Characteristically, he didn’t tell friends back home about the offer until he was packed and about to leave for the south coast.
He said: “I’m not the kind of person to boast about things; there’s no need to show off about what you do.”
Will describes the facilities at Southampton and the support network around him at the club as “perfect.”
Extensive safeguarding arrangements are in place to look after the youngsters throughout their time at the club, and many of the daily tasks such as booking transport home are taken care of by the staff in order that the lads can focus on their football.
He spoke fondly of the coaches who have clearly helped him build his confidence and progress as quickly as he has, even in the face of the adversity with which he was confronted when injured.
It was genuinely interesting to hear of how Academy lads live. I had envisaged something similar to halls of residence that you may find at a college.
But no, they all live with “host families” that have been recruited by the club to house their young players.
He said: “I’m pretty sure all of them are big Saint’s fans, so they’re keen to help the next generation.”
Will tells of a genuine liking of the hosts with whom he lives, along with three other Southampton players.
He said: “My house tries to be like a family, so we always eat dinner together and watch football together. They try to make it as much of a family environment as possible. For the players who don’t get to go home at weekends they do need that feeling around the place.”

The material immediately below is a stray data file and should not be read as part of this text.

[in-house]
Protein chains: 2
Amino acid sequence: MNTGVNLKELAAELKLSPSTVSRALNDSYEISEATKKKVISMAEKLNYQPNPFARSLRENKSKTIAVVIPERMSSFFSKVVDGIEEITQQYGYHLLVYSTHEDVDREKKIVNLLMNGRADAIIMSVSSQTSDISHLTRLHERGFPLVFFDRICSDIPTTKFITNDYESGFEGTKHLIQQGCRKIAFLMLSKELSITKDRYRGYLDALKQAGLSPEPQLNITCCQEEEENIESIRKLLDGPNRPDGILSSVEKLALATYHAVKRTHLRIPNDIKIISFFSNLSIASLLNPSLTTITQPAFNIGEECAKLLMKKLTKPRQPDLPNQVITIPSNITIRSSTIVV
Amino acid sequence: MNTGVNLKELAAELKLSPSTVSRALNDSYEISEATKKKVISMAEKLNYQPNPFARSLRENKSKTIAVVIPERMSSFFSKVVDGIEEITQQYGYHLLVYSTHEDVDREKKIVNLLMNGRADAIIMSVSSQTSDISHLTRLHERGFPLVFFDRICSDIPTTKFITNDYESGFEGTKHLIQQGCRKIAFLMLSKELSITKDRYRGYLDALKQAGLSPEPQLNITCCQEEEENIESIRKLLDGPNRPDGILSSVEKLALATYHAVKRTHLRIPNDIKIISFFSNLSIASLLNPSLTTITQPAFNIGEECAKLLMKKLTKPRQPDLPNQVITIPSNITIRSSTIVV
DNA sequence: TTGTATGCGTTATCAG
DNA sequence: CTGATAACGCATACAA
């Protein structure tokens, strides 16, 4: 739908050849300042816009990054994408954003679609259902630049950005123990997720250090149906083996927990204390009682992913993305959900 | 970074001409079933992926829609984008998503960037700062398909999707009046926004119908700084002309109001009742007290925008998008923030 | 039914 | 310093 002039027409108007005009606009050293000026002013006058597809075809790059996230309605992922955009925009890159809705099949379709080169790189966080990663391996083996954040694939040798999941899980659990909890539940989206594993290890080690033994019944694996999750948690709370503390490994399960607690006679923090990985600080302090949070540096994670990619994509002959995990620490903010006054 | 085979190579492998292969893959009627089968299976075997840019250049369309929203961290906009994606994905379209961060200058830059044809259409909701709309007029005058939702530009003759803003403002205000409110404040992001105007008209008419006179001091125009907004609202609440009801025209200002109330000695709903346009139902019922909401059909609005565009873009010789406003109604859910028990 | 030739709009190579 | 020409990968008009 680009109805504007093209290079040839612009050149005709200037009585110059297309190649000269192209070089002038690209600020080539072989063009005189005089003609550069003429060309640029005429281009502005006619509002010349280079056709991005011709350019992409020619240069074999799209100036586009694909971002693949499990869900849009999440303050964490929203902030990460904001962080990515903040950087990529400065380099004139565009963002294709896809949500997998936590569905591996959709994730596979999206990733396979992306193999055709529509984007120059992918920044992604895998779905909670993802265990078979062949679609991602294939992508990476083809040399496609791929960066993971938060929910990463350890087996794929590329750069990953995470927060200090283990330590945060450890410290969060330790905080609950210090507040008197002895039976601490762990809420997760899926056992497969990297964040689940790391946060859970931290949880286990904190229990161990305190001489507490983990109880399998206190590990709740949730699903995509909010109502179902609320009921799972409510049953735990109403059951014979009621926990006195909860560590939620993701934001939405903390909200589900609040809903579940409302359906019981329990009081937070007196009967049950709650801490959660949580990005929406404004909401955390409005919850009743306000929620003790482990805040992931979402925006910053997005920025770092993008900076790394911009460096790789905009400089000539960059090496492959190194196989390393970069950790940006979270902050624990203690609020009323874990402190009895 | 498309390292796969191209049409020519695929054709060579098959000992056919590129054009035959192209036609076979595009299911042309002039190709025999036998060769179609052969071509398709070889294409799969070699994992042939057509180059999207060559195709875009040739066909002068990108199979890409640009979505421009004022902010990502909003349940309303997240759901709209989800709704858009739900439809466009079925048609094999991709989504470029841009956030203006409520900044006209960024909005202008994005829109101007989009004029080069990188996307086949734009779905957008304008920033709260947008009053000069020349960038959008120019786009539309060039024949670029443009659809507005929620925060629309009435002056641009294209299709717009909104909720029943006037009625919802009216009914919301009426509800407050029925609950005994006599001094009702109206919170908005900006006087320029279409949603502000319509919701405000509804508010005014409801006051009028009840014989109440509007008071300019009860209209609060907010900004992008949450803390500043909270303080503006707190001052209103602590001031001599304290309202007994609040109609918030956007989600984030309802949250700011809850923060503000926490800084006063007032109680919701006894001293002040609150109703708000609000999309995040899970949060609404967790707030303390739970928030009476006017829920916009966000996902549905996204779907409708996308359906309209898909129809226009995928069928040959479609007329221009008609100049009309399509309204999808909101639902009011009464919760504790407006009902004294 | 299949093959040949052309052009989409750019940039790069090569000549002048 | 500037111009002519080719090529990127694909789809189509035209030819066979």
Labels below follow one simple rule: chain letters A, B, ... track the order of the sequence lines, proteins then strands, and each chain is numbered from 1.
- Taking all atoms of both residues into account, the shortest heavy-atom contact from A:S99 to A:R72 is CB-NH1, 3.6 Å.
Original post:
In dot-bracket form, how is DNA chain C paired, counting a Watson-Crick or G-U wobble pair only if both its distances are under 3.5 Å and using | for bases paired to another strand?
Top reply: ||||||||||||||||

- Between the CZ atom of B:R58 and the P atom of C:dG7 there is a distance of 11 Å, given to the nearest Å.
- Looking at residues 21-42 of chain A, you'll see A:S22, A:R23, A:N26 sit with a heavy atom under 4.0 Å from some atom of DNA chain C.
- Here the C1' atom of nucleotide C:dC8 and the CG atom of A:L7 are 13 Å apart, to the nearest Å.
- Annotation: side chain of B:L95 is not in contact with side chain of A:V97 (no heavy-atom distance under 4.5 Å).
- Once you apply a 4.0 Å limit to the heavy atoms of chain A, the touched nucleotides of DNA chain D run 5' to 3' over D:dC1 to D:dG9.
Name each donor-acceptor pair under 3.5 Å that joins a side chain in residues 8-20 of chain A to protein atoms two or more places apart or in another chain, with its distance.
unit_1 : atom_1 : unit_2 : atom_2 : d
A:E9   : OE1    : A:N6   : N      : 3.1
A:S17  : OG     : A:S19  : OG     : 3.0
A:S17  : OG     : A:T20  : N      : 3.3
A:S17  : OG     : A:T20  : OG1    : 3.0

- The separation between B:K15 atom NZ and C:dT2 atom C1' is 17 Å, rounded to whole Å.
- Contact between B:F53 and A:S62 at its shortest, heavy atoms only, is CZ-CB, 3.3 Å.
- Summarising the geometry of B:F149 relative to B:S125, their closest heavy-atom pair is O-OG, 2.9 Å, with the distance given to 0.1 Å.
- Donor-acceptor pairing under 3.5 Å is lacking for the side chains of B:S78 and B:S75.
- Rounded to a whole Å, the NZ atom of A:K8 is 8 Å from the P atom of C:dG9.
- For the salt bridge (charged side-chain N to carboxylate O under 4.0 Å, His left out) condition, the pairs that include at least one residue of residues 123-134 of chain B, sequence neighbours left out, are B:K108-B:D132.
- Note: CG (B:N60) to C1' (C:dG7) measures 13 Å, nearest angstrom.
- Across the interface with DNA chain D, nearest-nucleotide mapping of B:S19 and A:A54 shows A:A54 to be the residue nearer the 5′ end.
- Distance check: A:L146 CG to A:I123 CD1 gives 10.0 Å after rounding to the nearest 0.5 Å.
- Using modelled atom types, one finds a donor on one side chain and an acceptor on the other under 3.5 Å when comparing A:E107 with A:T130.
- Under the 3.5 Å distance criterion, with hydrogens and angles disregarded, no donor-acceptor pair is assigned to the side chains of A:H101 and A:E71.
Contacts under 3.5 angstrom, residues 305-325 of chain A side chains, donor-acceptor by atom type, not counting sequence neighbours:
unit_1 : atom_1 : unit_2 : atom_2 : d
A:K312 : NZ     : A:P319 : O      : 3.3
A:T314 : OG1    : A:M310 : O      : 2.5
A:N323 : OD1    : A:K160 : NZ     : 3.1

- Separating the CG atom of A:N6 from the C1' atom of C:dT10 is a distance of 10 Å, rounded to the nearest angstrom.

Will also talked of a really good atmosphere around the club that is “pure giddiness”, with humour being a staple ingredient of everyone’s day.
He said: “The under 18s are very loud. You’ll be walking down the corridor and you can hear them at the other end, singing and dancing, whether it’s with no clothes on or whatever.”
Of course, Will does still have his feet on the ground and has to contend with much of the everyday grind that any of us have.
The night before I met him, he had endured a particularly long and arduous journey home for Christmas, after a drone invasion at Gatwick airport had disrupted flights across the country.
I happened to arrive at Will’s house just as he had opened his mail, only to find he had received a fixed penalty notice for a bus lane incursion.
It is good to know that even a young man on the brink of first team premiership football has to deal with some real-life issues just like the rest of us.
The only comfort I could give him was that it did seem like a silly pace to put a bus lane to me.
Will’s sense of reality is informed by his close proximity to dressing room culture and grass roots’ football from an early age.
He had watched his dad play amateur football every weekend and had been around players, absorbing the atmosphere.
And, of course, even as a young boy, he would be enlisted to help clear up the dog shit from the park so that his dad’s team could safely take to the pitch.
Such foundational experiences have ensured that Will doesn’t get carried away with his success.
Having left Sale Grammar with a bagful of GCSEs, Will is a bright and articulate lad. He has a strong sense of what is going on in the world outside of football and is a fascinating conversationalist.
With realistic elite footballing ambitions well within his grasp, this extremely personable young man must be a sponsor’s dream in the making.
Images courtesy of James Bridle/Southampton FC, with thanks.